Why the spike in costs? Simply put, lack of competition. Even though the number of journal titles has increased since 1986, major publishers only tightened their hold on the market, increasing their prices to increase their profits, instead of lowering their prices and competing with each other. Open access is becoming the primary way of challenging the large publishers. So far, though, it has had no tangible effect on driving down costs.
These trends towards open access journals and towards institutional repositories have both their advantages and disadvantages.
Open access archives and journals allow easy access to published research. These repositories, in essence, support the concept of the library being a “people’s university” – along with scholarly books, the public can also access current scholarly research that is of importance to them.
This easy access gives researchers and faculty what they’re looking for – citations, which means impact on the scholarly community. Since researchers are not paid royalties, this kind of exposure can give them the status they need in their fields of study.
Not everyone is Harvard, or MIT, or Yale! Deep pockets bring about deeper access, but is that the only way it can be? Doesn’t a student at a community college deserve the right to have access to the highest quality resources as well? Community colleges, small religious institutions, and teaching universities will have access to the same depth of research that major institutions do.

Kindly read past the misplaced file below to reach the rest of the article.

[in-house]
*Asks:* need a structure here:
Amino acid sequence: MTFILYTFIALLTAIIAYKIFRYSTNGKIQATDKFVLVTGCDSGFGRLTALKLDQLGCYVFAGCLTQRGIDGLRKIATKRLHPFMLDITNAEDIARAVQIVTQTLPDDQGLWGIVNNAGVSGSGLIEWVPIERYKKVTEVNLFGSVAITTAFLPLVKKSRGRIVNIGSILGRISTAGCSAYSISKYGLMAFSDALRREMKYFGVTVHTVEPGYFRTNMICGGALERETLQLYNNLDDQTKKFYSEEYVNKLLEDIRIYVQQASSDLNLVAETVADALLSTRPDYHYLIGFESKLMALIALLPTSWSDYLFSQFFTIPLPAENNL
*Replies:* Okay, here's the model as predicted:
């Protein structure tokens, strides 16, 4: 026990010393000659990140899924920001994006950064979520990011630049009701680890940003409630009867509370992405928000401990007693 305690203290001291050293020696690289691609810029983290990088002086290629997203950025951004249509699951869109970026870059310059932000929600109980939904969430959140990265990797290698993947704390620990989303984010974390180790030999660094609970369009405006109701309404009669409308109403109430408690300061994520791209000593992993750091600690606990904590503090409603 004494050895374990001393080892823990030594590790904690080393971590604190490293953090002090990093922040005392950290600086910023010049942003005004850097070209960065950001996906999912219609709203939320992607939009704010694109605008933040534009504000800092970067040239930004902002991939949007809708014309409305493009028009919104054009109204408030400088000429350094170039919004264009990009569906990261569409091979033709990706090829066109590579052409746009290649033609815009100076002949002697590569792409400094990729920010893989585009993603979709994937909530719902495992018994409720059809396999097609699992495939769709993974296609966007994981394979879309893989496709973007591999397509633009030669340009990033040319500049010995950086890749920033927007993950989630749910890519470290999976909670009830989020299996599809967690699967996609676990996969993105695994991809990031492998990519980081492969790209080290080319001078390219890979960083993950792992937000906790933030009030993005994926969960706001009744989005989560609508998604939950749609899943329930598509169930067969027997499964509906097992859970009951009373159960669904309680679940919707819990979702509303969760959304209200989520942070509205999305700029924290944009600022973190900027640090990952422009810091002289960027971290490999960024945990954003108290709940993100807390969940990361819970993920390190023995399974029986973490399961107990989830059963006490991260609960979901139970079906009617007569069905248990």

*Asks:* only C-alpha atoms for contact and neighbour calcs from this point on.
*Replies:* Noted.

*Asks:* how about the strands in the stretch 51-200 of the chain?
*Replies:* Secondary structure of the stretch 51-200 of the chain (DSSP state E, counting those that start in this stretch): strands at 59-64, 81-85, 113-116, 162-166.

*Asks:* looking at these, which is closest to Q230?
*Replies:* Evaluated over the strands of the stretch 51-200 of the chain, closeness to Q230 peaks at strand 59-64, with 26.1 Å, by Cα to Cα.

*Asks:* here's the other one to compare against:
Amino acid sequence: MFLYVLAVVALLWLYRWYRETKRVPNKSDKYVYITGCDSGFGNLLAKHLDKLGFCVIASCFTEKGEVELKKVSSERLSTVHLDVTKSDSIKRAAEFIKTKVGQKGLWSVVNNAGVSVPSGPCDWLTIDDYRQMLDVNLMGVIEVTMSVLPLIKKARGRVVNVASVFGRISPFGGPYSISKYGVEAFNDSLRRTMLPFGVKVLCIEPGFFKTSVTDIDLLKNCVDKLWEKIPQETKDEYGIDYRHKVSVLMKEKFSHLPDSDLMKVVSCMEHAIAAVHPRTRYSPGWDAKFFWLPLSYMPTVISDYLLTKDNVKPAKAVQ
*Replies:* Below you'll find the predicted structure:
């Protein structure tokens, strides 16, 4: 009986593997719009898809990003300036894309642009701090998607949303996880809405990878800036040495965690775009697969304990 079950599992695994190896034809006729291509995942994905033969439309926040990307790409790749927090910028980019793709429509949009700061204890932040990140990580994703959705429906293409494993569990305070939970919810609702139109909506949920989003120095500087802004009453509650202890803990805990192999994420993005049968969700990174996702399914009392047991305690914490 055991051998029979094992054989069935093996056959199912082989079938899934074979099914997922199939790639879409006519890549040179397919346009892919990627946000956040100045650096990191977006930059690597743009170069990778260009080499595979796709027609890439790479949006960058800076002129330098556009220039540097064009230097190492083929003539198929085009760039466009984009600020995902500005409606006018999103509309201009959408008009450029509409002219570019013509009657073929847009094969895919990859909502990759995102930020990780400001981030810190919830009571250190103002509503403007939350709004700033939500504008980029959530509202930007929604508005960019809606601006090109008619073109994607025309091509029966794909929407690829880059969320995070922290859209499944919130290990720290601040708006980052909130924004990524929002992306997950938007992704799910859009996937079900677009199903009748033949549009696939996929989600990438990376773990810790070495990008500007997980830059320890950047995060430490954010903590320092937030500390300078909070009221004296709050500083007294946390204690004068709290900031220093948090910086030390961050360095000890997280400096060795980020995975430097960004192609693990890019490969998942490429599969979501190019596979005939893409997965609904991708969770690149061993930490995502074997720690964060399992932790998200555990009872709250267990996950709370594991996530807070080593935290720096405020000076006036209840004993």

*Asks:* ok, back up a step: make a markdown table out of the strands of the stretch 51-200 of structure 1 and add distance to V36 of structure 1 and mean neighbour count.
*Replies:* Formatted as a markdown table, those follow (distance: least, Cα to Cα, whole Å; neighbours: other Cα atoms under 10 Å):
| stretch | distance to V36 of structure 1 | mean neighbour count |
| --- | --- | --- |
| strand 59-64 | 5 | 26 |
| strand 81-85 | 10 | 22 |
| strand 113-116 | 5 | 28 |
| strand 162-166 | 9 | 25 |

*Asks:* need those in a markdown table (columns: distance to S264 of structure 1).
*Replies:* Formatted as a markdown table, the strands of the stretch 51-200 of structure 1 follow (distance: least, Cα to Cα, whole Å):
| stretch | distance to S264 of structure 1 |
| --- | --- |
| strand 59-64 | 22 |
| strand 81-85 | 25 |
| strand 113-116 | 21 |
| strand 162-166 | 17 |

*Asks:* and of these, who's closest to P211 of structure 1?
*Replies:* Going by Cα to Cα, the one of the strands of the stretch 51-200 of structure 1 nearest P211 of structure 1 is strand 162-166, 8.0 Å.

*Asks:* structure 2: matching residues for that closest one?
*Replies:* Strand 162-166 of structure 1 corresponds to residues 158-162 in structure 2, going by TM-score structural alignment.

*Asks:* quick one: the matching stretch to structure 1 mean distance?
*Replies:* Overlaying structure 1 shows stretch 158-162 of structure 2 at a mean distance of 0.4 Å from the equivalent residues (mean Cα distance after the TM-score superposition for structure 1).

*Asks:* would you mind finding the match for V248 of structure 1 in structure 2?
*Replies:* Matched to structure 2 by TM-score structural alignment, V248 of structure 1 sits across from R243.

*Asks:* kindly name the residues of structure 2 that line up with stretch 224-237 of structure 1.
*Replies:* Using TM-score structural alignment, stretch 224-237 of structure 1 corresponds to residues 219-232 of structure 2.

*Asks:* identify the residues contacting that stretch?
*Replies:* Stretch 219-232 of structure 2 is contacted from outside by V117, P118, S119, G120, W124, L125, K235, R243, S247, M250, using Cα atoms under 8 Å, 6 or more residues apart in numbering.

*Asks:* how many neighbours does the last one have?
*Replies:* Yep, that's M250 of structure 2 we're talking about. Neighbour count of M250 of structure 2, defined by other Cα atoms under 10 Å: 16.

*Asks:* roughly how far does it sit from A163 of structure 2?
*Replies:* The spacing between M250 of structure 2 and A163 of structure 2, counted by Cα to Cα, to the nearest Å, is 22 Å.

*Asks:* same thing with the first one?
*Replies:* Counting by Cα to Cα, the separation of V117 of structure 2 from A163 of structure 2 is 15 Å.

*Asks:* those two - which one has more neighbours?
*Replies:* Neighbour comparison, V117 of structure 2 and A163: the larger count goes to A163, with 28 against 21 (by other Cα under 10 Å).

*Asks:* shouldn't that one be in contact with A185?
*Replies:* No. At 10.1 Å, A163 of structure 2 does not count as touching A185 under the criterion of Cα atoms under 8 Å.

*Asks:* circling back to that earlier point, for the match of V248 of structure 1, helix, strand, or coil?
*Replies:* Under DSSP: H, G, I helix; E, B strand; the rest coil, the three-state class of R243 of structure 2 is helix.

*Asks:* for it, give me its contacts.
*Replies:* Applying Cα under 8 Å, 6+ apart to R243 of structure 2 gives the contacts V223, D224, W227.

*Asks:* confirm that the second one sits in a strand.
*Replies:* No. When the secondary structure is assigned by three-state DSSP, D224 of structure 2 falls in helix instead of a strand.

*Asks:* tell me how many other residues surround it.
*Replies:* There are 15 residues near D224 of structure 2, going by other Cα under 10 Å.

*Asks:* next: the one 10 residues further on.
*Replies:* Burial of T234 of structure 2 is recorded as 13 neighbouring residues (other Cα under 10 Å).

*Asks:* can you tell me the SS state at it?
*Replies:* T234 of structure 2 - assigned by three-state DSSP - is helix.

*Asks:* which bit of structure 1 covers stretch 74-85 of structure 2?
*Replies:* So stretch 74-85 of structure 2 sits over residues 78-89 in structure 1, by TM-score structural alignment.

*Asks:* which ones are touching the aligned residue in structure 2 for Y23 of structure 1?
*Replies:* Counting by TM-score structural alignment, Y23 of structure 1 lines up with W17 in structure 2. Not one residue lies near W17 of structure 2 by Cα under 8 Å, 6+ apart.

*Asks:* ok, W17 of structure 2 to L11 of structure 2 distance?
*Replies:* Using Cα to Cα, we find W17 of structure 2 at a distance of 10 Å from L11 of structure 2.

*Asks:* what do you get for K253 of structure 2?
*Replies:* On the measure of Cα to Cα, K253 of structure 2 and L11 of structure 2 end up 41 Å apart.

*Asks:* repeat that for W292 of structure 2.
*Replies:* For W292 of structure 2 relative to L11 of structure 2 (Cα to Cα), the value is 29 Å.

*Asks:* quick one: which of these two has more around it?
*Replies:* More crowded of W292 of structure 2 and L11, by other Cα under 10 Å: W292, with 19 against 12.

And even if you are Harvard, MIT or Yale, open access can still save you money. Not having to pay huge subscription fees will free up library funding for other areas – preferably in the library, but even if not, it will show to the administrators that the library is working towards a sustainable, low-cost, high-quality method of accessing research.
And every university - every library - is special. That is clearest in regards to each library’s special collections. Imagine you’re a small, religious institution. Maybe your collections are small next to Harvard’s, but you have some amazing Lutheran works from the 16th century – archiving in an institutional repository will not only bring that collection to the public, it will increase the visibility and prestige of your library and your university. Similarly, say you’re a large, public university with an archive full of newspapers focusing on local African-American history. People interested in genealogy, history, or African-American studies would be able to access and make use of these newspapers – including researchers and students from other universities.
It’s not all positives though. Like any new movement, there are complexities, complications, and challenges to overcome.
One major concern is that the general public may not understand what is being communicated in scholarly research. Does someone with only a high school degree need to be reading about, say, cutting edge medical discoveries? Should that person be able to try self-diagnose?